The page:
Seems like I’ve had a lot of unfinished business lately. I was looking forward to riding again after my accident on the 2018 TT2000. I had a new (second hand) FJR1300 to replace the BMW R1200GS. My recovery from a shattered wrist, and a fracture in my femur wasn’t at 100% but it was good enough to hop back into the saddle.
So, I enrolled for the NI1600, and the NI800 not knowing which one I’d be up to completing when the ride came around in October 2018. I also enrolled for the Distance Riders 1K ride, and in the Ulysses Longest Day. I was looking forward to all of it.
First up—the NI1600. Most of my regular readers (all two or three of you) will know that I did approximately 12.5 hours of that ride before colliding with a sheep on the outskirts of Wairoa, at 1.30 am. What a bloody palaver! I could not believe my rotten luck. The FJR ended up in a ditch, and I ended up nearby with damage to my ribs, and a small fracture in my ankle. It could have been worse. I could have ended up like the sheep—reamed up the middle and dead.
After making a scene in this small country town, with two police, one fire truck, one ambulance, a town siren, and onlookers, plus a few fellow long distance riders helping out, I spent a long and very painful night in the ICU (otherwise known as a hospital room) at Wairoa Hospital. I was nursed—and I mean this in the loosest sense—by a woman who was so large she needed a medical trolley to help her stand up. It’s hard to find decent staff to do the night shift!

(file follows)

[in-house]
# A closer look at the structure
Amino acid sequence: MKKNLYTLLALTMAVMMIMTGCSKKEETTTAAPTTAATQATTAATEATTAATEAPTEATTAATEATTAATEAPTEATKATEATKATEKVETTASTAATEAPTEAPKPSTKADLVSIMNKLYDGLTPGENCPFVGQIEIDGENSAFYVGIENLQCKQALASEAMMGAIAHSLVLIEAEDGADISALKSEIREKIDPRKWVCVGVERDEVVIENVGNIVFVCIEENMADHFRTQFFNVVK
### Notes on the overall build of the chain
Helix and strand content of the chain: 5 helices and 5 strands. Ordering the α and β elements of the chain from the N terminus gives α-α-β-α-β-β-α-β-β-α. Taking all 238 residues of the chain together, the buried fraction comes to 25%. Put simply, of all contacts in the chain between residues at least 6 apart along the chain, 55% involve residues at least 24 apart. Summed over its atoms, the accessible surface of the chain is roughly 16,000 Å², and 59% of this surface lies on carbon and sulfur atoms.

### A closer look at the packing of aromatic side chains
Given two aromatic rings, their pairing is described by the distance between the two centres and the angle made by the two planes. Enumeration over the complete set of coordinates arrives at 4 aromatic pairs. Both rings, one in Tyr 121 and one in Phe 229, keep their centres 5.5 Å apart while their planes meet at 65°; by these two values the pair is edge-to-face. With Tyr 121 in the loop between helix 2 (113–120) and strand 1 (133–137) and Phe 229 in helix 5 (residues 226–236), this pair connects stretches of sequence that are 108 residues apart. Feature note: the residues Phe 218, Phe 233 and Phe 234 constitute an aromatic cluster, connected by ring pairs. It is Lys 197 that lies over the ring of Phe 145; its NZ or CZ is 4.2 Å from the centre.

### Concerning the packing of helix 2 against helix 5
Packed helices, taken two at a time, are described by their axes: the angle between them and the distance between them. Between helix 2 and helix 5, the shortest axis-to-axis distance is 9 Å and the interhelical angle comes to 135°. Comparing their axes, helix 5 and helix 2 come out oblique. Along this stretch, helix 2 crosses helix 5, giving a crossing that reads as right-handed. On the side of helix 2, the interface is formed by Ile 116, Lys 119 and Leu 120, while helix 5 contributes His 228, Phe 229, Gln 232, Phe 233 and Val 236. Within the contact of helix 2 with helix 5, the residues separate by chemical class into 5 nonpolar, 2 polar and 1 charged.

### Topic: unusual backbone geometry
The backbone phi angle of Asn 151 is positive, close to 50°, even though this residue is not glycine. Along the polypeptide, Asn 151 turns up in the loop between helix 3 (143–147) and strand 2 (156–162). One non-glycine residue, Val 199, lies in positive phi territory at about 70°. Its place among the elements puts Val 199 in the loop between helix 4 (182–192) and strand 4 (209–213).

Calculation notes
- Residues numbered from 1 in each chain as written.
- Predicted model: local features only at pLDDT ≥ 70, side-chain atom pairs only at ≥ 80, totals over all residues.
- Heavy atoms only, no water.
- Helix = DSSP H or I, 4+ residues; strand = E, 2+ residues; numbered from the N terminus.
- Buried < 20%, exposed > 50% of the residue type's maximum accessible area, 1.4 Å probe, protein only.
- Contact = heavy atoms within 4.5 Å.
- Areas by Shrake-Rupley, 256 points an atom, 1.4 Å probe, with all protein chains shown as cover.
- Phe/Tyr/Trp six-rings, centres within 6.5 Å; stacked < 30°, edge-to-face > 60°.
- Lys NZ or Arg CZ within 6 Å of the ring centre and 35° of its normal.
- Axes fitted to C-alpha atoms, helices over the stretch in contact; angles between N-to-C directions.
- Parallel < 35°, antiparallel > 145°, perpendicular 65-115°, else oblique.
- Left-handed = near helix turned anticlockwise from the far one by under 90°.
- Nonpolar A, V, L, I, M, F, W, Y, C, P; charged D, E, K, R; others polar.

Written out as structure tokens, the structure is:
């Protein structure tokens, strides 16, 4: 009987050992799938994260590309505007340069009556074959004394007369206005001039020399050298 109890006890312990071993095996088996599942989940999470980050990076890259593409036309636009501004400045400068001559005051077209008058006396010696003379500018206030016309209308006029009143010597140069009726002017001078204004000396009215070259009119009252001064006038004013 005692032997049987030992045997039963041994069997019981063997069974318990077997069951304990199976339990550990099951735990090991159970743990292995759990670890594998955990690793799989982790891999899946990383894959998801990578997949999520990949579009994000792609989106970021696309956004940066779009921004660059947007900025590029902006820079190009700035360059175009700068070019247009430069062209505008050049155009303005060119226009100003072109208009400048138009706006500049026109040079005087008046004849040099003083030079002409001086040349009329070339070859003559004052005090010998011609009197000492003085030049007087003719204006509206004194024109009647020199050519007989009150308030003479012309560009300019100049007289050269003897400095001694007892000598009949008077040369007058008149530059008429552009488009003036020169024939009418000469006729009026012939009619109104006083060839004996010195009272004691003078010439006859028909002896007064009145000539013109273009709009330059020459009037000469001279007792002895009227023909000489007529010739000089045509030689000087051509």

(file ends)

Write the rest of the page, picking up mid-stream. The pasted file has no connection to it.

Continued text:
I was x-rayed in the morning by a radiologist from an Asian country who sniffed and cleared his throat continually, and then, as he walked back to push the ‘button’, let off a ripper of a fart. I wasn’t that sick or ill, or sore not to notice any of this.
Long story short—the FJR was a right-off, and I had a few months recovery ahead of me. My NI1600 came to an abrupt halt; there would be no 1K ride the following month, and there would be no Longest Day. All I could hope for was to be fit enough to do the TT2000 in February 2019.
I hate missing out on a badge, especially when it’s a cloth one. I have carefully sewn all my ‘patches’ onto my Goretex jacket, and I wear them with pride. I’ve never missed a NI1600 since they started, and I wasn’t about to let this one get away.
The TT2000 was successfully in the bag, completed without incident, and so all I needed to do was look for a weekend to complete the 1600. That happened on 27 April 2019. I left my house in Wellington at 4.30am on Saturday morning, and headed to the Windfarm in Wairarapa—this would be my Start / Finish as it was the closest checkpoint to home. I got there and took my odometer pic at 5.52am (I’m aware that the pic says PM – it’s wrong).
The weather forecast was looking good for the whole ride – very little rain, but more importantly, no wind. The ride out to Riversdale was pleasant, as was the windy 7km through to the Langdale intersection. I was having trouble with my phone charger and my phone was losing charge. It died before the beach but when I got to Langdale I swapped charge cables—yes, I had a spare. No further problems until the ride through to Wairoa.